A day for Chavez, a lifetime for me

Louis LaVenture,
Sports and Campus Editor

For many people, Cesar Chavez day is exactly that, just another day.

However, for my family and I, March 31 is a day that is cherished just like Thanksgiving, Fourth of July, or even Christmas. This is a day to celebrate the life and legacy of a man who blazed the trail for the rights of farm workers in America, specifically the West Coast.

Chavez rose to iconic status from the late 60s through early 90s as an organizer and social justice advocate. Some of the farm workers who followed him and worked alongside him were United States citizens, but the majority of them were not. Many were Mexican immigrants who worked on farms but had no rights and faced unsafe, unfair work conditions: little or no water, extreme heat conditions with rare breaks, and threats to be turned in to immigration or law enforcement officials.

Chavez, like me, was born here in the United States and he proudly wore the Mexican American badge everywhere he went. After he got a job with the Community Service Organization in 1952, Chavez began to deal directly with Latino and Hispanic communities. His goal was to increase voter turnout and educate these communities about their rights as citizens, both legal and illegal.

Once the CSO rejected his offer to start a union for farm workers in 1962, Chavez quit his job and moved to Delano with his family to start the National Farm Workers Association. Chavez related to the struggles of farm workers: a primarily Mexican, Latino, and Hispanic workforce that included members of his own family. He became one at the age of 13 when he dropped out of the seventh grade so his mother could retire from the same profession. He knew the cruel and illegal work conditions well, and that is where his passion to develop a union for these workers began.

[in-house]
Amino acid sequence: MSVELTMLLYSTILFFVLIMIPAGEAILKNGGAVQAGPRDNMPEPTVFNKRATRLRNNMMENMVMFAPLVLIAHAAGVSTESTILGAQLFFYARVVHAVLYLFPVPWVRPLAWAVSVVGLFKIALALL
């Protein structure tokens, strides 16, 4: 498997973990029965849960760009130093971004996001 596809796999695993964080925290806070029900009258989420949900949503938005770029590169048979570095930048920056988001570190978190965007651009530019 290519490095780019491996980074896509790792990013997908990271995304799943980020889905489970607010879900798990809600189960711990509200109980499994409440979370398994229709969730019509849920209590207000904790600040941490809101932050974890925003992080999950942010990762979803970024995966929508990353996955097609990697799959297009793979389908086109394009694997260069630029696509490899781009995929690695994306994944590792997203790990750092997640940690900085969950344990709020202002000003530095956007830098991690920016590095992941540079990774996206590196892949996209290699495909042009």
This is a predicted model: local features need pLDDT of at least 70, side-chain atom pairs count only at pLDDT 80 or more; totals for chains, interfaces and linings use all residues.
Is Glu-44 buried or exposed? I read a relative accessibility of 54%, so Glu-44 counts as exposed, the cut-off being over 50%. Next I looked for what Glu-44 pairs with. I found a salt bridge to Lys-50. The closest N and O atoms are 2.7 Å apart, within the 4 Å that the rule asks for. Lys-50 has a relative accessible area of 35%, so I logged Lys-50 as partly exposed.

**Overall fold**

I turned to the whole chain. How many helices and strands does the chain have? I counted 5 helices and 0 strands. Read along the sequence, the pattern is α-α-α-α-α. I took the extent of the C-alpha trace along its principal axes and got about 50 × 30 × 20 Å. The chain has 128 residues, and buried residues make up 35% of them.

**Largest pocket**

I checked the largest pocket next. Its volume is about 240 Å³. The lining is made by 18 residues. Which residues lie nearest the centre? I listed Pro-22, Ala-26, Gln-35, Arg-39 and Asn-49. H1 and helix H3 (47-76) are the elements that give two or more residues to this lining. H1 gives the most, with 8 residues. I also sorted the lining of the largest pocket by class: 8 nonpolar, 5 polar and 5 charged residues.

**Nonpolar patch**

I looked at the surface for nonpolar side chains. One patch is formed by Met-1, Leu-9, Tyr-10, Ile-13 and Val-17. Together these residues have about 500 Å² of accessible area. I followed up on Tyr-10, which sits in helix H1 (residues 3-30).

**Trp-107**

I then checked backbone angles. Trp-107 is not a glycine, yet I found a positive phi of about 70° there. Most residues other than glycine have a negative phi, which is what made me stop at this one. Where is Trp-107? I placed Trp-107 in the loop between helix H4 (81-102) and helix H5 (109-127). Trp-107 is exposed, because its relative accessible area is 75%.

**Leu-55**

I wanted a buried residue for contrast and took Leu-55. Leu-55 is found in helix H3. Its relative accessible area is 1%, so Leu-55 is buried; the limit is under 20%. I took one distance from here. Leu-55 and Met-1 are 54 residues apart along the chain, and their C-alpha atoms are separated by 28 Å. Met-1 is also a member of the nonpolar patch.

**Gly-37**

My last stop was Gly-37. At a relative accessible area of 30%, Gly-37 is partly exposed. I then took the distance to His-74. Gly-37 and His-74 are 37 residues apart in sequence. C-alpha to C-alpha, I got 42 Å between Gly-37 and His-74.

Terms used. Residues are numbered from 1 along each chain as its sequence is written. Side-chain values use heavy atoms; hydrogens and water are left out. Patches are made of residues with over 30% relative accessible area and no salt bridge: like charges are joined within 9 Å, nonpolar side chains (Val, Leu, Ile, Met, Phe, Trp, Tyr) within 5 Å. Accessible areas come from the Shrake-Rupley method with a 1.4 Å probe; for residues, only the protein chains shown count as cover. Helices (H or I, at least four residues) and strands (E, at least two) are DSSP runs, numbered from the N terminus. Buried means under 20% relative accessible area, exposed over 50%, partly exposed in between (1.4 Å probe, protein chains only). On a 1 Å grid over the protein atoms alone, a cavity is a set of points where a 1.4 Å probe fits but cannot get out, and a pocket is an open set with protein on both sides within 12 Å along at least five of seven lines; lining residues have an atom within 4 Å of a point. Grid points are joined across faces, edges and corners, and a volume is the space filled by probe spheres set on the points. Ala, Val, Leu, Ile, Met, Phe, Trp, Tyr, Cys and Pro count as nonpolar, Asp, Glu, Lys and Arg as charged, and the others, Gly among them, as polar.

This is something my family and I are forever grateful to this man for. Too many of my older Mexican family members to count worked in fields in the Central Valley and endured some brutal work conditions. As a child my grandfather picked fruits and vegetables in the Salinas Valley area during the 1940’s and he knew firsthand how brutal the conditions were when he lost the tip of his ring finger to an equipment accident.

Chavez fought peacefully to achieve rights and a union for farmworkers through techniques he learned from Dr. Martin Luther King Jr. and Mahatma Gandhi. Chavez frequently used boycotts and hunger strikes to draw attention to the requests and issues of farm workers. Chavez fought for farm worker rights up until the day he died on April 22, 1993 while participating in a hunger strike.

His passion and drive to help this profession made it better for my family who worked in fields during the decades after his union’s infancy in 1966 when the American Federation of Labor and Congress of Industrial Organizations (AFL-CIO) as it is known today was formed.

Chavez helped make the fields safer for my family to work in which helped give me a better life and for that I am thankful beyond words. While many people don’t acknowledge this day, for me, this is a day to celebrate a man who helped me flourish as a Mexican American in the United States.

So don’t treat this like any other day, celebrate the life of a man who helped change the world for the better.